Neeli, Peeli and Lali were three brothers. And they were butterflies. The most handsome butterflies in all the land, and best friends, too. Their mother, Rangberangi, had taught them all they knew. She told them many things, “But”, she said, “the most important thing of all to remember is that you must always depend on and support each other. Together, you will be stronger than the Sun, Wind and Rain combined even though you fly on delicate gossamer wings. Individually you are just ordinary butterflies, weak and fragile. So never let each other down.”

When they grew up, Neeli, Peeli and Lali decided to explore the world, just as every good fairytale character must do. So they set off, discovering wonders that they had never dreamed possible. Excited and laughing, they flew restlessly about as though there was no tomorrow.

Then a mean, black cloud spotted them and felt jealous of the fun that they were having. “Ha,” he laughed to himself, “let’s see how loyal they really are to each other. I’ll put them to the test.”

The Three Butterflies [Illustrations by D. K. Sharma ]
The Three Butterflies [Illustrations by D. K. Sharma ]

He began to rain. Neeli’s wings got wet, Peeli’s wings got wet and Lali’s wings got wet. Soon, it was difficult for them to fly with wet, heavy wings. “We must find some shelter before our wings get damaged,” they cried.

A gulmohar tree sparkled with red flowers. “Oh good Gulmohar, please let us take shelter in your flowers until the rain cloud has passed.”

“I can take Lali, the red butterfly,” said the Gulmohar, “for my flowers are red. But I can’t take the other two”.

The Three Butterflies [Illustrations by D. K. Sharma ]
The Three Butterflies [Illustrations by D. K. Sharma ]

“If you will not take in my brothers, I will not take shelter here either,” said Lali angrily. Peeli and Neeli tried to persuade Lali, but he would not agree.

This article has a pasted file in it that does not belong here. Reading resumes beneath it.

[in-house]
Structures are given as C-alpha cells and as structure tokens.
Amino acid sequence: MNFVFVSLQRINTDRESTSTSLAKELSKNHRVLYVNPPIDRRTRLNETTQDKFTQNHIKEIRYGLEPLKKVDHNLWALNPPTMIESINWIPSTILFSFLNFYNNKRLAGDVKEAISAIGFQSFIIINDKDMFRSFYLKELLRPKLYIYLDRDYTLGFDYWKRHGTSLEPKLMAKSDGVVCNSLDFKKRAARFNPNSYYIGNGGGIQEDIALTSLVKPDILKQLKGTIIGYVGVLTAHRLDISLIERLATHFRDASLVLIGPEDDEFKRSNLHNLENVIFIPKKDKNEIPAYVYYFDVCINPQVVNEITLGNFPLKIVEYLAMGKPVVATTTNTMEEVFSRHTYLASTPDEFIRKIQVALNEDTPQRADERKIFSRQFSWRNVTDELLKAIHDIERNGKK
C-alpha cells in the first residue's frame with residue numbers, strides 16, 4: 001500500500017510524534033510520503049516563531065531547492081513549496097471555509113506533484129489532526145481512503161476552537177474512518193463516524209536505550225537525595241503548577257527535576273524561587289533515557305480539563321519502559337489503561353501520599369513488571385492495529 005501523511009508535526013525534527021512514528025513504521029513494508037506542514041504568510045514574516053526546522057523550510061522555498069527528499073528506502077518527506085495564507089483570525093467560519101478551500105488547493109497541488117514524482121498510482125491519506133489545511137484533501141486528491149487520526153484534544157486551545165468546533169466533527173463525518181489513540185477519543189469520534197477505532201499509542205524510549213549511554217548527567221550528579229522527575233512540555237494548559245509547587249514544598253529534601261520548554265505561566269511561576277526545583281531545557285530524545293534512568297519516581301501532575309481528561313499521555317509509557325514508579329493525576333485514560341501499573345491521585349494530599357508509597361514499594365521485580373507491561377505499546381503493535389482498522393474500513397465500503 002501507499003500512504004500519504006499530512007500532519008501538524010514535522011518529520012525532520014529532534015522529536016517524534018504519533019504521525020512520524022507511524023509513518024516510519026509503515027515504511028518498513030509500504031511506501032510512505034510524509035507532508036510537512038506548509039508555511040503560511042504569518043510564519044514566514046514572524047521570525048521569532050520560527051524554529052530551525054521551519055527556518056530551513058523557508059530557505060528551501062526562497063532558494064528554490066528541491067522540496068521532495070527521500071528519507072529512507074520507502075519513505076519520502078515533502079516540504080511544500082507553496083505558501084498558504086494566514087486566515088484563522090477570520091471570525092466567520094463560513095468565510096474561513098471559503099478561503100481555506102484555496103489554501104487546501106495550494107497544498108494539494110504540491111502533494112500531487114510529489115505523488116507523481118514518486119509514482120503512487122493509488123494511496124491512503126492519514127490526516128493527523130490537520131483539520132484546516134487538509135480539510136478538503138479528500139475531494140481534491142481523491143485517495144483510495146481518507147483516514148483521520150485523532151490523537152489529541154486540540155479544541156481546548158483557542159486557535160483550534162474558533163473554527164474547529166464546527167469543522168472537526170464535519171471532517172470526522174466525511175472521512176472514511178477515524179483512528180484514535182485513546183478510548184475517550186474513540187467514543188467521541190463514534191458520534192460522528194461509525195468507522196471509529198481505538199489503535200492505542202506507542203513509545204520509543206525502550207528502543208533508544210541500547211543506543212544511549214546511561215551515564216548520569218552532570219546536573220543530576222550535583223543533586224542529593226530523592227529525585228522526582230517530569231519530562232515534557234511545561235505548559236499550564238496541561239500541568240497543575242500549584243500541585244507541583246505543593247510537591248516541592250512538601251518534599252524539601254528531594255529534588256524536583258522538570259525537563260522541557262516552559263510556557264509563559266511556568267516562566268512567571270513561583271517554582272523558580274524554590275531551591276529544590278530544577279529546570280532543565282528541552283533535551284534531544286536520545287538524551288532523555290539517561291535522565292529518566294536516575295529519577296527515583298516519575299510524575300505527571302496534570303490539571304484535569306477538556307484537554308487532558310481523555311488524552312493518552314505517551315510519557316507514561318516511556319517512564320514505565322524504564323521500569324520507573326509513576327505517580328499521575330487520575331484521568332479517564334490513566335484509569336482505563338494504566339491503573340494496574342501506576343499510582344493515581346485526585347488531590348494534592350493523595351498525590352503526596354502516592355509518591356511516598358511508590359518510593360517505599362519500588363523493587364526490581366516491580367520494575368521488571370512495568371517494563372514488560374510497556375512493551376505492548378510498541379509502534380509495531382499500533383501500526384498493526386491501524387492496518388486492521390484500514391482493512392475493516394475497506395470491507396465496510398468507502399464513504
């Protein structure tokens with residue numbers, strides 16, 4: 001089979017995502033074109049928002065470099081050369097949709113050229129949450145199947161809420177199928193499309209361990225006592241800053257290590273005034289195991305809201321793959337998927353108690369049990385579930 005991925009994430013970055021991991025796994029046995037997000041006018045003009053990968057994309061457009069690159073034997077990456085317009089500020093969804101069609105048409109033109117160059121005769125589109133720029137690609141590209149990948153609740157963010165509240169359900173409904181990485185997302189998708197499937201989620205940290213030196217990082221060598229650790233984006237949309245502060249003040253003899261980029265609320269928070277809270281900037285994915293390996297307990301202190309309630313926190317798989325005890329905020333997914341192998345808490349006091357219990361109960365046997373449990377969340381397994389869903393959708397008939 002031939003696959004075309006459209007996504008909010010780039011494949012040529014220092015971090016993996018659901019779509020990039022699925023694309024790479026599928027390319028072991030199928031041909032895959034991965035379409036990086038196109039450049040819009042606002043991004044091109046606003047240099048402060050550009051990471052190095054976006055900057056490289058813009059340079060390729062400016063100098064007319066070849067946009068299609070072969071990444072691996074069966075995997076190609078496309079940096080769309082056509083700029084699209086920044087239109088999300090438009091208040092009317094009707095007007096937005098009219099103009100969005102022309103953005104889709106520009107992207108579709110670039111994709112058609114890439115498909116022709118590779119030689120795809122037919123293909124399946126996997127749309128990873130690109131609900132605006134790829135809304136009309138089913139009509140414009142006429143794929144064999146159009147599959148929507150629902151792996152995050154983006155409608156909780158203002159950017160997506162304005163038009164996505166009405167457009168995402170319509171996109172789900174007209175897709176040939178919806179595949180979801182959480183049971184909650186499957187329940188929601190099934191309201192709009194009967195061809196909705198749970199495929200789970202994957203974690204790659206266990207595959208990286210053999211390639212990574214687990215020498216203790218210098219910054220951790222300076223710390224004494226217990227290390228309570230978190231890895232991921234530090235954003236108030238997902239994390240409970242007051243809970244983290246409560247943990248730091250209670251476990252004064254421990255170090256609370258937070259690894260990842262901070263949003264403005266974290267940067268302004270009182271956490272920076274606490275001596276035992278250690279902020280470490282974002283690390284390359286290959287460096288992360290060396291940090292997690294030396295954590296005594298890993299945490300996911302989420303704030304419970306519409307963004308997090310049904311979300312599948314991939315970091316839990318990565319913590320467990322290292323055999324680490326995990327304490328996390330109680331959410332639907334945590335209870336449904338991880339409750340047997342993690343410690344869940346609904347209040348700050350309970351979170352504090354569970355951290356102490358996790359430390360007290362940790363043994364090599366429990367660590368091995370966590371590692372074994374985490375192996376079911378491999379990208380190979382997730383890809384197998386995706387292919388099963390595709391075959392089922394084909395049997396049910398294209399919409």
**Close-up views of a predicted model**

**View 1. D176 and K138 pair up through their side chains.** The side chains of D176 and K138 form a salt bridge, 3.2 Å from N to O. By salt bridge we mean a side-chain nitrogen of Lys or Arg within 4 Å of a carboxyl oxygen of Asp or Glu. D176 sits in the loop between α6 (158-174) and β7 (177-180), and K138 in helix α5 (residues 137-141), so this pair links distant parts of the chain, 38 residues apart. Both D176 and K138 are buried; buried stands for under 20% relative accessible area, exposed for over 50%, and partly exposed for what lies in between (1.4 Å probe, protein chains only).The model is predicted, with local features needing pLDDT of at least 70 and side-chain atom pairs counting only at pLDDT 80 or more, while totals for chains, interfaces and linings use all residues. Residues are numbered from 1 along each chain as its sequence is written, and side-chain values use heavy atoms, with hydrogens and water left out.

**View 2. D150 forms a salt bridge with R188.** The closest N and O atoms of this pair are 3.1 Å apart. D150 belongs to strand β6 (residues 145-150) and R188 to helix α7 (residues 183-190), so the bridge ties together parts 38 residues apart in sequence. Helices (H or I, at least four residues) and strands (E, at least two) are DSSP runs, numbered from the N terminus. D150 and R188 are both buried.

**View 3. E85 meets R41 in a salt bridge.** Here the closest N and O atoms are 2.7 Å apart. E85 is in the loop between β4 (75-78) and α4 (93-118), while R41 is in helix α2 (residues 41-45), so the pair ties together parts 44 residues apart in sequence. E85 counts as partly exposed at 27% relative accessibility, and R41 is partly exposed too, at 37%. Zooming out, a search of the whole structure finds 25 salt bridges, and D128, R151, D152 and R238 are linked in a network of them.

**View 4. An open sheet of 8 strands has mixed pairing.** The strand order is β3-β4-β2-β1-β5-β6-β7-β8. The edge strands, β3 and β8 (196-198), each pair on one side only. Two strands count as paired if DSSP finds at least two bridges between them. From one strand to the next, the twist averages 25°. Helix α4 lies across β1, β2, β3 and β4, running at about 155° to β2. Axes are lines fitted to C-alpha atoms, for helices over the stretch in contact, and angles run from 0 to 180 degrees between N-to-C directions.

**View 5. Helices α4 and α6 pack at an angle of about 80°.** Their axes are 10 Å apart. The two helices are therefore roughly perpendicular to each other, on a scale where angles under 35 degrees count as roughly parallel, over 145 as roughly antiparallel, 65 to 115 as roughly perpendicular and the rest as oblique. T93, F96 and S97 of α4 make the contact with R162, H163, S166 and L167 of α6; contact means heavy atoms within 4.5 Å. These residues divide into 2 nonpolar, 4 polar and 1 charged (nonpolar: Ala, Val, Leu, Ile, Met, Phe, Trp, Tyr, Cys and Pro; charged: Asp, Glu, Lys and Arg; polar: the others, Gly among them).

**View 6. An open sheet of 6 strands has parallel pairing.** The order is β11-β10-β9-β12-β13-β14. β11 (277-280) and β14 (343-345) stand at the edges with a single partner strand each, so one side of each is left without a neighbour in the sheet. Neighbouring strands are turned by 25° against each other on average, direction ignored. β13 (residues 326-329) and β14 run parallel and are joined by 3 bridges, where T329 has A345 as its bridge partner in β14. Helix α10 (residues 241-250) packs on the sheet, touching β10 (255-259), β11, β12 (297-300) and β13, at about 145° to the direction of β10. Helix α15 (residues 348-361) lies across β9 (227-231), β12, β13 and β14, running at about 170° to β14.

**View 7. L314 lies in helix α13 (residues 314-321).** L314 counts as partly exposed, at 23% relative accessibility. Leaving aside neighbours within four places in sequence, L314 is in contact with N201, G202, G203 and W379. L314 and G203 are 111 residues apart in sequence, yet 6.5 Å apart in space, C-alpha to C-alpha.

Then they came upon the blue mauve flowers of the Kachnar tree. The rain came down a little harder now, for the black cloud was a little annoyed that his plan had not worked. “Beautiful Kachnar,” the three pleaded,” give us shelter until the rain has passed…”

“I can protect Neeli in my blue flowers,” said the tree, “but I cannot take in the other two.”

The Three Butterflies [Illustrations by D. K. Sharma ]
The Three Butterflies [Illustrations by D. K. Sharma ]

“Then I too will not take shelter here,” cried Neeli. The rain drenched them as the cloud grew furious. “I will never desert my brothers.”

The same thing happened when they came to the Amaltas tree, which dripped with a thousand yellow flowers. “If you will not help my brothers,” said Peeli, “I too will do without your help.”

The Three Butterflies [Illustrations by D. K. Sharma ]
The Three Butterflies [Illustrations by D. K. Sharma ]

And they flew away together. The cloud turned white with shame when he realized the love and loyalty the brothers shared.

Soon the Sun was shining through and Neeli, Peeli and Lali flew on happily, exploring the wide world once more.

First published in N.B.T.’s Bulletin, Dec 97

504 words | 5 minutes
Readability: Grade 5 (10-11 year old children)
Based on Flesch–Kincaid readability scores

Filed under: stories
Tags: #gulmohar, #clouds, #wings, #butterflies

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